Executive Director Jim Martin of the Colorado Department of Public Health and Environment and his staff have also actively responded to the Commissioners' Emergency Declaration.  While you expressed some concerns in both your April 1 and April 3 letters on CDPHE's actions, we believe the CDPHE has taken a number of solid steps in the right direction.  CDPHE has participated in numerous meetings and conference calls with the Commissioners and others, and independently of the Commissioners, to coordinate activities and to keep the momentum going to make sure these federal actions are completed. 
At the Commissioners' request, Director Martin agreed to evaluate the recommendation that pumping water from the Canterbury Tunnel through a newly drilled well would divert significant quantities of water from the LMDT, and would protect local public water supplies.  CDPHE has worked to identify legal and technical issues that must be resolved before this recommendation could be pursued, and it has conferred with a number of knowledgeable experts, from the Parkville Water District, the Colorado Department of Natural Resources, the US Geological Survey and the EPA, to obtain information to assist in this analysis.   CDPHE began exploring other means for drilling this well, including working with the Colorado Congressional delegation to identify funding sources that might be available to the Parkville Water District to reestablish its water rights in the Canterbury.  Those efforts are ongoing. 
However, as I am sure you know, EPA recently has made clear that it does not believe that either pumping from the Canterbury Tunnel or fluming of Evans Gulch is needed to eliminate the threat of a blowout from LMDT.  Moreover, both the Canterbury Tunnel and the area of Evans Gulch you would like to see flumed are outside the California Gulch Superfund site.  As a result, existing federal funds could not be used at the site and staffs for several members of the congressional delegation have added that it therefore would be difficult to secure federal funds for these measures. 
CDPHE has learned that there is additional conflicting and incomplete information regarding the hydrological connection between the Canterbury Tunnel and the LMDT.  Nevertheless, because of the Commissioners' concerns, CDPHE is working with experts to identify the analysis that would need to be completed to determine whether and to what extent a hydrological connection exists, and perhaps just as important, whether pumping water from the Canterbury Tunnel could result in unintended adverse consequences.  Because of the significant costs associated with drilling, operating and maintaining any well in the Canterbury Tunnel, including reopening the well through horizontal drilling as is now requested by the Commissioners, we believe it prudent to first determine whether pumping water from the Canterbury Tunnel would have the desired effect.  It may be wise to request the General Assembly to authorize and fund such a study, and I understand that CDPHE is working hard to brief the leadership of the General Assembly on that issue.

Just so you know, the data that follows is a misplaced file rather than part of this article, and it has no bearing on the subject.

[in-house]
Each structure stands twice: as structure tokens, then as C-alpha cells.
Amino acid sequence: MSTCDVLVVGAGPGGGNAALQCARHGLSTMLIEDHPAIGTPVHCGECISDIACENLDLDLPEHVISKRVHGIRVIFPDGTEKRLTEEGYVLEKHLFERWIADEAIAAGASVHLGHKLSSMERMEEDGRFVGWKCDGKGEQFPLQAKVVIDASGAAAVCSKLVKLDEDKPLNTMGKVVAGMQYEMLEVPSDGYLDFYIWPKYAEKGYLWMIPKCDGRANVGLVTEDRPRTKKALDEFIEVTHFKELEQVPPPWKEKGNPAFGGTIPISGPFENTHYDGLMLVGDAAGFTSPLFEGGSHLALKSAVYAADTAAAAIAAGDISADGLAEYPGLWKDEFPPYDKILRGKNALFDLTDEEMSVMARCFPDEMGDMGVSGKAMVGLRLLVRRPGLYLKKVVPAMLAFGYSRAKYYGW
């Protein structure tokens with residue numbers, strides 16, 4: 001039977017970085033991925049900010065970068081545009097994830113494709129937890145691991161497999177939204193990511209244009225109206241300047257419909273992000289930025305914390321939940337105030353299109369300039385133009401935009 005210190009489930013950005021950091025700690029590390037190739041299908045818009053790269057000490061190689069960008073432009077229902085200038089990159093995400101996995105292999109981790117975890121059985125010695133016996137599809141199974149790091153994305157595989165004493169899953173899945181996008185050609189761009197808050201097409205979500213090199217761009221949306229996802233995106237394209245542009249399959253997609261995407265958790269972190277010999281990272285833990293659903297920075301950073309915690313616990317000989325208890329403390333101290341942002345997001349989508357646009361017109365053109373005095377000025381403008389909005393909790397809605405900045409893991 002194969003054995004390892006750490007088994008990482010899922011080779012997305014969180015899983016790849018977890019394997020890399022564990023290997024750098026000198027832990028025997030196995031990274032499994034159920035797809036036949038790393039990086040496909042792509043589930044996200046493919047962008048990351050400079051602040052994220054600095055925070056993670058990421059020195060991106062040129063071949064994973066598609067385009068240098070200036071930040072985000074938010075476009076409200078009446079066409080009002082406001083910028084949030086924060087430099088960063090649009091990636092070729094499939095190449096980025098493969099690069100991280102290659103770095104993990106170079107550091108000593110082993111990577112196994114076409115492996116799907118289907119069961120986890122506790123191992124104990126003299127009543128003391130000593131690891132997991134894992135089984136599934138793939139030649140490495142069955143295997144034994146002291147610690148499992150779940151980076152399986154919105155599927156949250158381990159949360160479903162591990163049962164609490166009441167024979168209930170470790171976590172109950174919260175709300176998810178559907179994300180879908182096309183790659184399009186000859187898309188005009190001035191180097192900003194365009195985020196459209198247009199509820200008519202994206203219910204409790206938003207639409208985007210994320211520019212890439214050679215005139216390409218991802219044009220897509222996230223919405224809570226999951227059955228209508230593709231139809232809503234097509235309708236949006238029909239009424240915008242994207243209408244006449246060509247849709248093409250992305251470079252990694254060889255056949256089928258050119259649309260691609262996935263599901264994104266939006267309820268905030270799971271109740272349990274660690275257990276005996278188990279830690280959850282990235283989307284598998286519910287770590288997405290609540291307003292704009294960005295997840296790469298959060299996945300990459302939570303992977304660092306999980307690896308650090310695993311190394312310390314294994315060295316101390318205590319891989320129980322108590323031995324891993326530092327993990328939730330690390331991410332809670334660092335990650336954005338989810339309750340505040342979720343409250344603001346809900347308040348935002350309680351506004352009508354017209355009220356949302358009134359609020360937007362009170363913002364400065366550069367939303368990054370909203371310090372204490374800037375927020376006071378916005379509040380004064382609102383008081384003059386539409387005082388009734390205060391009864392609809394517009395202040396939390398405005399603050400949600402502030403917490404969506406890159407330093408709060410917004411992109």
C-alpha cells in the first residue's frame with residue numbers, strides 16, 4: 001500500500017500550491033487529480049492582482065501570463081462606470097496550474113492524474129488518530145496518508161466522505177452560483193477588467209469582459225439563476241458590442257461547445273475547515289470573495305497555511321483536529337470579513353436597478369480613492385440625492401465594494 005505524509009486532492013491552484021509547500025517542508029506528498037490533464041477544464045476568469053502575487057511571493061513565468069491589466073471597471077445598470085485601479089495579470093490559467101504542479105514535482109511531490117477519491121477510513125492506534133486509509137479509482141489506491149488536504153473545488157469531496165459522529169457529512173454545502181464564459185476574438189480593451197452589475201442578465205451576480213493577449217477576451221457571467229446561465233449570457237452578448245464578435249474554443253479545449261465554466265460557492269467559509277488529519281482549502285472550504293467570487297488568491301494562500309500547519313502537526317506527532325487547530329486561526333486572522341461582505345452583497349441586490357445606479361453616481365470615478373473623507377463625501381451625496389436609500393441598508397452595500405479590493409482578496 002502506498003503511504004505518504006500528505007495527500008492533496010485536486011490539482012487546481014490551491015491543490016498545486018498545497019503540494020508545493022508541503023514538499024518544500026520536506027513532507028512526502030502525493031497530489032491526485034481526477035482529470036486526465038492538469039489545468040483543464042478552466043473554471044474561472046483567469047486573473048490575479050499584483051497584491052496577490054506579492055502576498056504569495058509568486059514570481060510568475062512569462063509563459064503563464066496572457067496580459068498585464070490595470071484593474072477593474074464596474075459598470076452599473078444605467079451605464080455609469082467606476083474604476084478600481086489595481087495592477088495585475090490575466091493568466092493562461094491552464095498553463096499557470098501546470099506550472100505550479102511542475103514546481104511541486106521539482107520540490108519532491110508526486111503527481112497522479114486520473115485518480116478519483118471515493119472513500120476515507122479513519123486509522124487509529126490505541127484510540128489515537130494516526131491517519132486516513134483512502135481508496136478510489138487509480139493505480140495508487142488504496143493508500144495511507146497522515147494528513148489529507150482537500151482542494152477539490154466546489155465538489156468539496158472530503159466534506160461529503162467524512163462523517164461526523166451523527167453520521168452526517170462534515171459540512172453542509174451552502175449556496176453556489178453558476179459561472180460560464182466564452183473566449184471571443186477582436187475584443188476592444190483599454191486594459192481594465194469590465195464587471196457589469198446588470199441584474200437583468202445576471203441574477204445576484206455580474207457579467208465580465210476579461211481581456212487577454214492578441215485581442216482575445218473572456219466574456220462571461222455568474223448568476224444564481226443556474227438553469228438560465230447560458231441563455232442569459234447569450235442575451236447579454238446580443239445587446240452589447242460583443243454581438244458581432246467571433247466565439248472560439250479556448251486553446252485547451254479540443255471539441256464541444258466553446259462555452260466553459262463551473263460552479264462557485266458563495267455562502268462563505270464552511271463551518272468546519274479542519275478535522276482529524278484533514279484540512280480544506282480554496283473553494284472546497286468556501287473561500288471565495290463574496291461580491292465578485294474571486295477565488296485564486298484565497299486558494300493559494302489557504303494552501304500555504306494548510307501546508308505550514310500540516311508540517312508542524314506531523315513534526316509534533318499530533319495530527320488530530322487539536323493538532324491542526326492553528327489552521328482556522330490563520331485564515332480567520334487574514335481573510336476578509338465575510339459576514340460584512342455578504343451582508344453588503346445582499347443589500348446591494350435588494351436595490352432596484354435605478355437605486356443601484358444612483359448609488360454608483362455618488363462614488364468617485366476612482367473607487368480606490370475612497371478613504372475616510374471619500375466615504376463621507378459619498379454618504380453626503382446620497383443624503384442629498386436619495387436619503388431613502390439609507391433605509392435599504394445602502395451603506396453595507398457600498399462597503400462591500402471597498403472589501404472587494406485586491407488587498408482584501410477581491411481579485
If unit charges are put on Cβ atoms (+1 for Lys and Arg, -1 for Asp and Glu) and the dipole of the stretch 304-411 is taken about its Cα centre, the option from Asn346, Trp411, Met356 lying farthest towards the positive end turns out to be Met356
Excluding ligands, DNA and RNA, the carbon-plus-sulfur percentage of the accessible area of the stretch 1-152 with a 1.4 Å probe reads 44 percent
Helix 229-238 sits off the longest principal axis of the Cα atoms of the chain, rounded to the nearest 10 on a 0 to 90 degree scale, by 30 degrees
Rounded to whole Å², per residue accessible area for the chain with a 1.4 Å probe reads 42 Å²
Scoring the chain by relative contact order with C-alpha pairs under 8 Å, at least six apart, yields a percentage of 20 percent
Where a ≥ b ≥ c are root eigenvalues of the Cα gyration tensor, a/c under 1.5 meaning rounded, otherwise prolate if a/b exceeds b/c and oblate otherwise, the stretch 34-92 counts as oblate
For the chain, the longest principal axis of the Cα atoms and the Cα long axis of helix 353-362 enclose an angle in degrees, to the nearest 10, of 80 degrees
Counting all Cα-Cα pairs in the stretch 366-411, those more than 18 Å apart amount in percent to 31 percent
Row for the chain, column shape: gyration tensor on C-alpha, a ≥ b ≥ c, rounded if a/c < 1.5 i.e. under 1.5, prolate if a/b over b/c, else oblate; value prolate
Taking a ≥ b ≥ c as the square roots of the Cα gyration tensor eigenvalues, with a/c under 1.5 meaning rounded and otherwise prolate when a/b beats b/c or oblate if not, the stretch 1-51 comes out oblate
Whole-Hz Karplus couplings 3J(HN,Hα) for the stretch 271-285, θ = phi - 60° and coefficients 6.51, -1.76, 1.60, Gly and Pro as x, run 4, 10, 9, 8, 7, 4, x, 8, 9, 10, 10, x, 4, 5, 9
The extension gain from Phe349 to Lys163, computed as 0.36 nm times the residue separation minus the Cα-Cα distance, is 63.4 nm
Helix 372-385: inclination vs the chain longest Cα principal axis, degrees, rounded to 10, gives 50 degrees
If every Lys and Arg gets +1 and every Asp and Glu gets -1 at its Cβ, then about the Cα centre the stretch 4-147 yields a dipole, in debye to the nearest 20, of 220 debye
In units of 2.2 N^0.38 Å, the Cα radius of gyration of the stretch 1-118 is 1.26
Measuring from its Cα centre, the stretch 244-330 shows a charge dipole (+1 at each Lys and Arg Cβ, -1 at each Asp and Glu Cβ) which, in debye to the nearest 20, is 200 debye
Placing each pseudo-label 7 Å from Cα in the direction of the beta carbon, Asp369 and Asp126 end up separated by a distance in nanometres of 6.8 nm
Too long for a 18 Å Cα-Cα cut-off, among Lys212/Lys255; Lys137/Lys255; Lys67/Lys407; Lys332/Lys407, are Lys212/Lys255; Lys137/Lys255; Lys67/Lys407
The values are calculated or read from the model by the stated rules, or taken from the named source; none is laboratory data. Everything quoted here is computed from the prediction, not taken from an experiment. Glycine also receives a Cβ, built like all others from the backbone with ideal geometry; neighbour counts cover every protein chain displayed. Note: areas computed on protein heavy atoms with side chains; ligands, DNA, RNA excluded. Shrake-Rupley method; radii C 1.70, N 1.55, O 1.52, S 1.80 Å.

I am pleased that EPA is pumping water from the Gaw shaft, and that the Bureau and EPA are now working together to complete a well into the LMDT and to pump the mine water to the Bureau facility for treatment.  These actions will provide the most immediate and direct relief for the LMDT.  I am confident that CDPHE will continue to work with the County and others to analyze the feasibility and effectiveness of pumping water from the Canterbury Tunnel, and will assist in identifying the most appropriate course of action, including identifying potential funding sources, should pumping from the Canterbury prove beneficial. 
Finally, I want to reiterate that I take this issue seriously, and have asked Jim Martin to provide regular briefings for my staff on progress by his agency as well as the federal agencies that are involved.  I am confident that by working together, we can find the best course forward for the people of Lake County and the state of Colorado.
Bill Ritter, Jr.